Nations Framework Convention on Climate Change (UNFCCC) in
Durban, South Africa, resulted in yet another stand-off among
today’s leading nations, there are plenty of reasons to share in
the embitterment and despair shadowing the climate change
community. And while the Durban discussions did lead to a few
positive …Posted. 

Scientists back 'significant broadening' of climate research.
U.S. scientists want to expand research into climate change to
focus on its social effects and ways to adapt to a changing
planet, but tighter budgets may crimp those plans, the National
Academy of Sciences reported Thursday. The 10-year plan reviewed
by the academy represents a "significant broadening" of the
federal Global Change Research Program, which includes
researchers from across the U.S. government. Posted.


School buses ‘go green’ after retrofit. A retrofitted school bus
is a cleaner school bus. That is the motivation behind the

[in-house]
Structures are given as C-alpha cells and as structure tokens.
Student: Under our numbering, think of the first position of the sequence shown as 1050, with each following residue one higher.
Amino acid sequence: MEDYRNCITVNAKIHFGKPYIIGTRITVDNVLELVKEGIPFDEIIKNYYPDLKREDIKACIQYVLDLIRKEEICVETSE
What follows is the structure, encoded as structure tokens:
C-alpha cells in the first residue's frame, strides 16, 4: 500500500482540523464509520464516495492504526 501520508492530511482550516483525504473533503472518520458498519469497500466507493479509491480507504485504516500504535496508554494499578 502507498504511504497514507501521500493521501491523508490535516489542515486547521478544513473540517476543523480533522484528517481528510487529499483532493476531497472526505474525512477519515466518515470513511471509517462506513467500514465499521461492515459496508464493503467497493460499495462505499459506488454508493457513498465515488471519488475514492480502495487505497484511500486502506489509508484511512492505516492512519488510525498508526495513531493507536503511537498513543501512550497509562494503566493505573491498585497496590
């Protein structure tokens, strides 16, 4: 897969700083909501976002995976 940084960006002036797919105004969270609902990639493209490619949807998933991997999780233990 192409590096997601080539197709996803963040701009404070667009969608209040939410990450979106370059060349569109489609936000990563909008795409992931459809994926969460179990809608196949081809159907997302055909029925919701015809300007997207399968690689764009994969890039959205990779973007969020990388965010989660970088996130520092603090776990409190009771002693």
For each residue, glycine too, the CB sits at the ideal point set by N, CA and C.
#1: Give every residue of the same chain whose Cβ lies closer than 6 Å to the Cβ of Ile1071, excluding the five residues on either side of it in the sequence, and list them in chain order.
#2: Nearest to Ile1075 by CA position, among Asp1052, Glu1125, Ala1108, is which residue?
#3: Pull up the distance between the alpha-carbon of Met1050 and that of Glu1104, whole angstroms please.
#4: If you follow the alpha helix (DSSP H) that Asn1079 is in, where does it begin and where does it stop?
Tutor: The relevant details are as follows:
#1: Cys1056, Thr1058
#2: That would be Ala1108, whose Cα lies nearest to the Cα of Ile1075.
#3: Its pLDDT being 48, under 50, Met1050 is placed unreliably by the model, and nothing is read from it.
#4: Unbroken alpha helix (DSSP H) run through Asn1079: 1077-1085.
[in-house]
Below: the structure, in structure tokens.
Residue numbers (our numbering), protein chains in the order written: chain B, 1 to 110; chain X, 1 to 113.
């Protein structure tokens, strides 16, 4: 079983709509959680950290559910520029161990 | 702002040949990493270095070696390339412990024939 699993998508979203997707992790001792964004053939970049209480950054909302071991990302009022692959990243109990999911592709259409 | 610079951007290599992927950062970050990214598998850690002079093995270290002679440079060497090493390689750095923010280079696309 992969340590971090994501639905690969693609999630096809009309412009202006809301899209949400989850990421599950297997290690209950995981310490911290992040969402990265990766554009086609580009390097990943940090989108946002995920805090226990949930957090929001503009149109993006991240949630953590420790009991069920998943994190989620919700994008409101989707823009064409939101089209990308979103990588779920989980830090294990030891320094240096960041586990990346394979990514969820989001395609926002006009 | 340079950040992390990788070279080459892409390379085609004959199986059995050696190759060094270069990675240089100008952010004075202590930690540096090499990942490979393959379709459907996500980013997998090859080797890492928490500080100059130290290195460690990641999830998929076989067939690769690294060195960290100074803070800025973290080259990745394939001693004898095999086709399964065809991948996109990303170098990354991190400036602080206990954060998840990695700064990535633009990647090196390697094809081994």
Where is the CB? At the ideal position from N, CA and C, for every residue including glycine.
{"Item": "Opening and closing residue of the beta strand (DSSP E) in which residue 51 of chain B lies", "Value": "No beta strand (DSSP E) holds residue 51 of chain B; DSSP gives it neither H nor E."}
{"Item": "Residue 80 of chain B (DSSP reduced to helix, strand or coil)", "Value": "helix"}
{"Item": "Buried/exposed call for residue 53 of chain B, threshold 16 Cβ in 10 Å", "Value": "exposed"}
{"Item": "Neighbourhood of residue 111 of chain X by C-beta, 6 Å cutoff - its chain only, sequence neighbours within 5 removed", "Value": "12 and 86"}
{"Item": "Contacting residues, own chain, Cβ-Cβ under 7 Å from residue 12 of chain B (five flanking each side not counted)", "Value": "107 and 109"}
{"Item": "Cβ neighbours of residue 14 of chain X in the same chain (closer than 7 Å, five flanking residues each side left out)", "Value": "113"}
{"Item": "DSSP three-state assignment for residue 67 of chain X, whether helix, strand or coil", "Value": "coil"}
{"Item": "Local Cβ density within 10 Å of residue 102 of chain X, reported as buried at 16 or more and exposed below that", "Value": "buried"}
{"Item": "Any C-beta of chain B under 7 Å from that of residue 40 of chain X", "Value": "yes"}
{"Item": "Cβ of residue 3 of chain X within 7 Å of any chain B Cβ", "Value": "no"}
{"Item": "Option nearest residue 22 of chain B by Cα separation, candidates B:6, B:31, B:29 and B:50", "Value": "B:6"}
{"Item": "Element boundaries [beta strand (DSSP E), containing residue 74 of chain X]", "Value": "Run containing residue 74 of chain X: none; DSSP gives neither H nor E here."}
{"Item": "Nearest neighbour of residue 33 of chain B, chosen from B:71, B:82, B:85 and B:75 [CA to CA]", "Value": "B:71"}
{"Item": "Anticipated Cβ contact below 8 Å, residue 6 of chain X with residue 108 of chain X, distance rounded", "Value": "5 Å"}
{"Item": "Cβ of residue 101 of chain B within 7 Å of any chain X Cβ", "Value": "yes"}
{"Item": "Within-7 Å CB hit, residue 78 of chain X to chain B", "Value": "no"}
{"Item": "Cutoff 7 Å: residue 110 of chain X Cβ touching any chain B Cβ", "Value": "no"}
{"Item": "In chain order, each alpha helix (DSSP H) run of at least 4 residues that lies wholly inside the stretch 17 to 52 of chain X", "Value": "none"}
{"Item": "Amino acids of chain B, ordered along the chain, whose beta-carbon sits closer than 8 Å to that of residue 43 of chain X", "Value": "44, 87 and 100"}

Lower-Emission School Bus Program administered by the State of
California’s Air Resources Board (ARB). Kernville Union School
District Superintendent, Robin Shive, demonstrated how the
district is doing its part to comply with the program.
“California mandates that all buses be retrofitted with an
exhaust system to lower the emissions.” She continued, “KUSD
received a grant to get a head start on keeping the valley and
its residents ‘green’.” Posted.

L.A. Mayor Villaraigosa Celebrates Milestone in Clean Truck
Program at Port of Los Angeles. Delivering on his promise to
reduce pollution at the Port of Los Angeles and protect public
health, Mayor Antonio Villaraigosa today marked a major milestone
in the Clean Truck Program. The program required all trucks at
the Port of Los Angeles to meet the toughest environmental
standards in the nation by January 1, 2012.“The Clean Truck
Program has greened our port for the long haul and ensured
Angelenos will breathe cleaner air for generations to come,”
Mayor Villaraigosa said. Posted. 

Diesel spill in Huntington Harbour. Containment booms are being
use to prevent the spread of a diesel fuel spill in Huntington
Harbour. Huntington Beach fire spokesman Jeff Lopez tells City
News Service that a fuel slick the size of a football field
appeared in the harbor behind Peter's Landing on Wednesday night.
A department hazardous materials squad and the California
Department of Fish and Game have been working to contain the
spill. Posted. 


Oil industry chief warns Obama on Canada pipeline. The oil